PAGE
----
The rays themselves are nothing more than faint, semitransparent versions of the clouds. With a certain finesse, the variations among the rays can match those of the clouds – being more or less one and the same – and foster the illusion that the rays are shining through the clouds.

The curves set how the rays flare out from a center point and follow slightly curved tracks. This curving of rays has no basis in physical reality but it suits our fancy.

Inkscape's Path Effects Editor interpolates the inital paths into a graduated series of twenty five curves. There is nothing magical about twenty five. It could be ten or fifty. It should be enough to get a gradient without abrupt transitions, and no harm comes from overestimates.

To multiplex the pair of curves, we aggregate the initial pair into sub-paths of a single curve. Inkscape's “Path → Combine” menu operation does this for us.

This SVG image now becomes our template for the blurring map, which we create in Gimp using Gimp-G'MIC's “Contours → Gradient RGB” filter. We invoke “File → Save” using some memorable name, then depart Inkscape.

We open our work-in-progress illustration in Gimp.

With that partially built image in Gimp's current view, we then import the SVG file as a Layer, via “Files → Import as Layer”.

Gimp will put up a preview dialog box and furnish layer dimensions, based on the dot-per-inch ratio encoded within the SVG file. Inkscape's default of 90 dots-per-inch prevails unless told otherwise. You will probably want to adjust the proposed size of the layer to fit your project, then click on “OK” to complete the process.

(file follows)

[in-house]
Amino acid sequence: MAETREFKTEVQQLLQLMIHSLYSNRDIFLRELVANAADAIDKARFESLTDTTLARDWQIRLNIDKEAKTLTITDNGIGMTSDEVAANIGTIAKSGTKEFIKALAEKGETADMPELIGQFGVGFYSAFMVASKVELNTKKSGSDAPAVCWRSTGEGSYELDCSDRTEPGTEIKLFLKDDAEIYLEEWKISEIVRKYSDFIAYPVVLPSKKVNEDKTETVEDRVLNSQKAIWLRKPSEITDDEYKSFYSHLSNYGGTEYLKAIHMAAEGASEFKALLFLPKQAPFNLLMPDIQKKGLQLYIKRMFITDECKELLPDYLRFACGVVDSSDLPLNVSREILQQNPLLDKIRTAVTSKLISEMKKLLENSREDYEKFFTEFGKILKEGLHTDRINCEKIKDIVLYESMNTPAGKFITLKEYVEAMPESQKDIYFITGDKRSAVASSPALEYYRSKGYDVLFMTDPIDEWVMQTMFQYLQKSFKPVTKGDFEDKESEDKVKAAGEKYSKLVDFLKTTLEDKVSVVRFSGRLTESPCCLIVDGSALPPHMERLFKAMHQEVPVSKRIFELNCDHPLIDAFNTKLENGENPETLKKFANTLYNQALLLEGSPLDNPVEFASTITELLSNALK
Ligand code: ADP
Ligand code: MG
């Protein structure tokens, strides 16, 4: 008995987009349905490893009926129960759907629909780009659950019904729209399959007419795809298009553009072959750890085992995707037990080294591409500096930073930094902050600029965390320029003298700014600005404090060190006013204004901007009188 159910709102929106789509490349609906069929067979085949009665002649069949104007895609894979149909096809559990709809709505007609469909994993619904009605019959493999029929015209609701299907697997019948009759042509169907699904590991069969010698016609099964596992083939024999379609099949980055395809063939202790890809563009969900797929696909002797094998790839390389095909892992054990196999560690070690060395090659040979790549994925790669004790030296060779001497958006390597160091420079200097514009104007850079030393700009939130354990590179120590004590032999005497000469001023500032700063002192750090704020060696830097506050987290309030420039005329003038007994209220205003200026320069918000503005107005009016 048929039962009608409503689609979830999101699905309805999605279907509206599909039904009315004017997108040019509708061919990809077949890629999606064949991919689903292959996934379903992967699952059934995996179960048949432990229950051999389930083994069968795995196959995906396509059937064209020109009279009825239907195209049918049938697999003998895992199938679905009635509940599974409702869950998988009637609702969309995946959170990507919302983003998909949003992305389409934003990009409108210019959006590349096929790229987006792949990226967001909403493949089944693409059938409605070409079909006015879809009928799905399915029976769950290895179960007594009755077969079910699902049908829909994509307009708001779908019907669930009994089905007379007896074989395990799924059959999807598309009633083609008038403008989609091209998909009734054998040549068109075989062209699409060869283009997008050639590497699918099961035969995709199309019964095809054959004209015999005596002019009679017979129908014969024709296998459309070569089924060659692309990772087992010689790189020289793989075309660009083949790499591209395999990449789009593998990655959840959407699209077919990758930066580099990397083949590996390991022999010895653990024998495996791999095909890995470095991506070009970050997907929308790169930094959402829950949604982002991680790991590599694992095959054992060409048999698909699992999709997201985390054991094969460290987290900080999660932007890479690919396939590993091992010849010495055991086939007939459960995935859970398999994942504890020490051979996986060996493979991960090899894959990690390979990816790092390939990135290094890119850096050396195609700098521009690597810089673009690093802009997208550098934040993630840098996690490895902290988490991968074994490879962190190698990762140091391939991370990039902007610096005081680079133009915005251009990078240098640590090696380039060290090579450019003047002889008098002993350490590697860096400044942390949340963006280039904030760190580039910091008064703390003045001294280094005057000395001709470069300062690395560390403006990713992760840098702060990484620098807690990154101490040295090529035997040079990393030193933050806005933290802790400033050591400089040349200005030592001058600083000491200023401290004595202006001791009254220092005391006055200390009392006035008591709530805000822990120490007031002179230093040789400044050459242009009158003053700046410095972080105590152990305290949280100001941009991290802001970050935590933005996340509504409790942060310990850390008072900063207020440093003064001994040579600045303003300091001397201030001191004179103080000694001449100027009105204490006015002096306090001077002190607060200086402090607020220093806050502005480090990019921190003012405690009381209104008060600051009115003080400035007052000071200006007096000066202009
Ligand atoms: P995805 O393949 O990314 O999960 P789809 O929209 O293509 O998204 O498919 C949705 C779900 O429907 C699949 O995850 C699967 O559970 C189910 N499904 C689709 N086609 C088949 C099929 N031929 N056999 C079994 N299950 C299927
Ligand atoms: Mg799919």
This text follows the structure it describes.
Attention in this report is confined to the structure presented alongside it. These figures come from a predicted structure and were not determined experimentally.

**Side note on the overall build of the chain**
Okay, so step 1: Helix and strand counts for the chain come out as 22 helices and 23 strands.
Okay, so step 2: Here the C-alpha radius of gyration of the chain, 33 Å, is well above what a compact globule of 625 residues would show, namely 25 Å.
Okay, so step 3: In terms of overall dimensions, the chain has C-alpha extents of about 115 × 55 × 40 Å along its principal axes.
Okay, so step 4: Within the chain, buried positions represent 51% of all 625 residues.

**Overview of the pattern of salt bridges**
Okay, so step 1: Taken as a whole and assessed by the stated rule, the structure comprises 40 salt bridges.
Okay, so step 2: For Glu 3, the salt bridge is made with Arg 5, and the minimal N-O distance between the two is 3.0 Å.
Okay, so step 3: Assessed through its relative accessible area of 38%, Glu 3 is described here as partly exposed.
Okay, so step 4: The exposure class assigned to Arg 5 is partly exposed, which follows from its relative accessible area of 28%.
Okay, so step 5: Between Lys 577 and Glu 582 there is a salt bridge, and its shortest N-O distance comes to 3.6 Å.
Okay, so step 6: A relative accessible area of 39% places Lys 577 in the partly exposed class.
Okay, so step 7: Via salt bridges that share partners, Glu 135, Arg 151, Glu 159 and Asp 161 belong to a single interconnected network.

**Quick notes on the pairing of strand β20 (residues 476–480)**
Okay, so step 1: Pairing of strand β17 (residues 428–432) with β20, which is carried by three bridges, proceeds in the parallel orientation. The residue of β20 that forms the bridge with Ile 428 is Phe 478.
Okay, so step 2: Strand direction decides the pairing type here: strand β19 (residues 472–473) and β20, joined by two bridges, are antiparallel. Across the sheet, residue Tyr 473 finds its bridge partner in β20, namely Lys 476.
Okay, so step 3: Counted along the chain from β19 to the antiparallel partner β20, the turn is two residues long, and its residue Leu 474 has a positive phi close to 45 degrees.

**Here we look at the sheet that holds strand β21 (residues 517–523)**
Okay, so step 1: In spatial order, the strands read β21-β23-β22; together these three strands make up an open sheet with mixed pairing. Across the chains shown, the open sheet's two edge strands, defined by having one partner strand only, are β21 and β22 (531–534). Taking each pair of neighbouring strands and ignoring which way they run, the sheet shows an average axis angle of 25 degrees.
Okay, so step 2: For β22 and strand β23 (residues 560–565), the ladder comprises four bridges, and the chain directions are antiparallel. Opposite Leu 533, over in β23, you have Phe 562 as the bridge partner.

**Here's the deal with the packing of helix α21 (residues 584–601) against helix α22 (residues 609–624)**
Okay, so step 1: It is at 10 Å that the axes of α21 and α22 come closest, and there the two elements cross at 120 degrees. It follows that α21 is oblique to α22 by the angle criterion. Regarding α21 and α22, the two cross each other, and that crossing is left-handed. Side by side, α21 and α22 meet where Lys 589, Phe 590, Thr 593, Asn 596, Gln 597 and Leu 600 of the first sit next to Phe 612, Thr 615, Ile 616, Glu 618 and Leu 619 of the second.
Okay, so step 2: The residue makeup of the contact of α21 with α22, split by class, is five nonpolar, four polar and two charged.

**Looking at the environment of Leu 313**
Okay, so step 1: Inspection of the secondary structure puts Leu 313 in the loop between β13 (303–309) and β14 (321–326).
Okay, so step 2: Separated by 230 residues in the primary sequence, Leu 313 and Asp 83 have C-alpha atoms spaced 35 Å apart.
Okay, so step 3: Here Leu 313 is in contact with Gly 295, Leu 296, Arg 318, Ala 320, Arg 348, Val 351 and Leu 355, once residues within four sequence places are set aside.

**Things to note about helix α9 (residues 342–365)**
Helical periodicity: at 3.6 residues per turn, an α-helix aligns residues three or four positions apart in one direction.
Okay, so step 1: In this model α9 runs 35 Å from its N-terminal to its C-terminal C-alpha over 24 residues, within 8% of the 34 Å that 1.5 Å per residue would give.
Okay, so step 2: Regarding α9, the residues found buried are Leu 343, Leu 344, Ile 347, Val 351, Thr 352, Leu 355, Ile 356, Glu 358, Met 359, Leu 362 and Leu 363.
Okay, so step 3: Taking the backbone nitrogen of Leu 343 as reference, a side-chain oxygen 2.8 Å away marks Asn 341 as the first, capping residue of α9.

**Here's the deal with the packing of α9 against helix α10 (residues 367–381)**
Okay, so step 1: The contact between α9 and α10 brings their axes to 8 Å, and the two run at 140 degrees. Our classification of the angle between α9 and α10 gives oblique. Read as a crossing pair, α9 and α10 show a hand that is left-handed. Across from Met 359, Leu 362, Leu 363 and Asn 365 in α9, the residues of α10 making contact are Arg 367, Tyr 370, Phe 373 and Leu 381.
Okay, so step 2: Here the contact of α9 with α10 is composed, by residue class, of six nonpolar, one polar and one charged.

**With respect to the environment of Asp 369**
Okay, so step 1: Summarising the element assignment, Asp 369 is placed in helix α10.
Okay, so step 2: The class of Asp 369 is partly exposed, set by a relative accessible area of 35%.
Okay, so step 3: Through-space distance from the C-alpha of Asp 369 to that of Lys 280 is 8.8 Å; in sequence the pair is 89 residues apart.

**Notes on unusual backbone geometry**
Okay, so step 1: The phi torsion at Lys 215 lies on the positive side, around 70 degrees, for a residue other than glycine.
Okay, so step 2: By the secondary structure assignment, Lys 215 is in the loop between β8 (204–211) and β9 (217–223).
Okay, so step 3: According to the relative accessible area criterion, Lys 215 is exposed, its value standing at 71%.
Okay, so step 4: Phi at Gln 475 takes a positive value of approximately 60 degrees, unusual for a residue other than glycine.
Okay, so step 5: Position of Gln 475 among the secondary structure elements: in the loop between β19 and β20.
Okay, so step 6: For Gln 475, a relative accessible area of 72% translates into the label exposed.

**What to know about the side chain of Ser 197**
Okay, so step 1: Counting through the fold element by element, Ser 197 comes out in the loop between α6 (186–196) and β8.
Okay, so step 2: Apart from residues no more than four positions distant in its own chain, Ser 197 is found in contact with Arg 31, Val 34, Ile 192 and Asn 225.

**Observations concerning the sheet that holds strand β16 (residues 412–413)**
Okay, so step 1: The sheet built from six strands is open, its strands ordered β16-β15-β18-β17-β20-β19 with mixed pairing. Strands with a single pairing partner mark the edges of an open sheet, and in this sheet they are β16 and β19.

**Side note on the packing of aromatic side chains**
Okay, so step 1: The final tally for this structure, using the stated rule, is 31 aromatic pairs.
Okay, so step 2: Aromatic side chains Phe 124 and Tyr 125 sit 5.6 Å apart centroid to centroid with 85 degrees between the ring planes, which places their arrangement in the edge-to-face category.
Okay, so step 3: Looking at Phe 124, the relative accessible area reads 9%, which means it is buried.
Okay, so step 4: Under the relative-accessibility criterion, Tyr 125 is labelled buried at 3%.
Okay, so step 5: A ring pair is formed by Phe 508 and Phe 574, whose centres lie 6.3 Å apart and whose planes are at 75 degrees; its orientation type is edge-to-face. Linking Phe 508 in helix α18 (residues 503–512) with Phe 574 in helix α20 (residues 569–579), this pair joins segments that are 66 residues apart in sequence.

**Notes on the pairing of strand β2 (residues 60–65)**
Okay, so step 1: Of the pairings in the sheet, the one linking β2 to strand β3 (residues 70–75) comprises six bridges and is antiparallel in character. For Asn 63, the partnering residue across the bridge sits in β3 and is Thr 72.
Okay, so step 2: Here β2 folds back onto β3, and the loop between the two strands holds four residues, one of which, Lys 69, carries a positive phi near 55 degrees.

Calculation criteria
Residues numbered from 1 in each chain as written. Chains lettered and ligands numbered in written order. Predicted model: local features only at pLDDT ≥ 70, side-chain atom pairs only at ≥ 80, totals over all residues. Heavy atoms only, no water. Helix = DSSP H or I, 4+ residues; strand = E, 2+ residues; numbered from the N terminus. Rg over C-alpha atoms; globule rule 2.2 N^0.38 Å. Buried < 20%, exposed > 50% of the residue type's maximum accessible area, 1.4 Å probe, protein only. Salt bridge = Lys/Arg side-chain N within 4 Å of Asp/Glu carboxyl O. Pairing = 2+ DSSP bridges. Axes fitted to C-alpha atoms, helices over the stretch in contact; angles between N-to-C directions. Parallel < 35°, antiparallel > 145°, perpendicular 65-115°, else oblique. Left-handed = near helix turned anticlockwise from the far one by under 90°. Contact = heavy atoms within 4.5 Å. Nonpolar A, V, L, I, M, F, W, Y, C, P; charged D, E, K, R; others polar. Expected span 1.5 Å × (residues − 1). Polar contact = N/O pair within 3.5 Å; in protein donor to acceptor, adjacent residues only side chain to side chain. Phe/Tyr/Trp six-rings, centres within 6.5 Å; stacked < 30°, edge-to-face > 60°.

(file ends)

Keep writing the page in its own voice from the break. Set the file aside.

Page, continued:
Unless an SVG document background had been defined, the template lines will be black on a transparent background, convenient for positioning.

We generate the proto-blurring map with the Gimp-G'MIC plug-in

  1. Bring up the Gimp-G'MIC plug-in: Filters-->G'MIC

  2. Within the plug-in choose “Contours → Gradient RGB”

  3. Preview gives a trial rendering.

  4. Check the “Orientation Only” box

  5. Increase “Smoothness” until the black regions between the lines disappear.

  6. Hit “OK”

Upon seeing the stripes, one could easily jump to the conclusion that this prototype blurring map would blur images in two distinct directions.
Technically, that is correct, but the two directions share the same orientation, as they are 180° apart.
If you still find alternating colors unsettling, you may, optionally, use one of the custom command filters situated under the “Various” branch to write this snippet of G'MIC:
-split[-1] c
-mod[-3] 180
-append[-3--1] c

This snippet applies the modulus function to the data in the Hue channel so that values greater than 180° wrap around. Now, similarly oriented data share similar directions, making the blurring map easier to understand.
This is solely for our benefit, however. Blur by Color behaves the same with either style of map.

We desaturate and whiten a copy of the clouds layer, so they look like the fluffy stuff that inhabits mid day skies in the late spring or early summer of the Northern hemisphere.

The Blur by Color filter is grounded on the -smooth command and is very scale dependent. Since we intend to blur the clouds a lot, and likely beyond the maximum strength of the filter, we scale the layers of both the cloud artwork and the blurring map to one half of the image side.
With the artwork and map reduced in size, we:
  1. Make sure the clouds and the map occupy adjacent positions in Gimp's layer stack. Our habit is to stack the blurring map underneath the target layer that we are going to blur.
  2. Start the Gimp-G'MIC filter (“Filters → G'MIC”
  3. Under :Input/Output, select for Input layers: “Active & Below” (or Above, depending on the relative location of the map to the target layer)
  4. For Output mode: select “New layer(s)”
  5. Turn off Preview
  6. Set Range to “XM” – Maxed out!
  7. Set Amplitude to 1.0 – Maxed out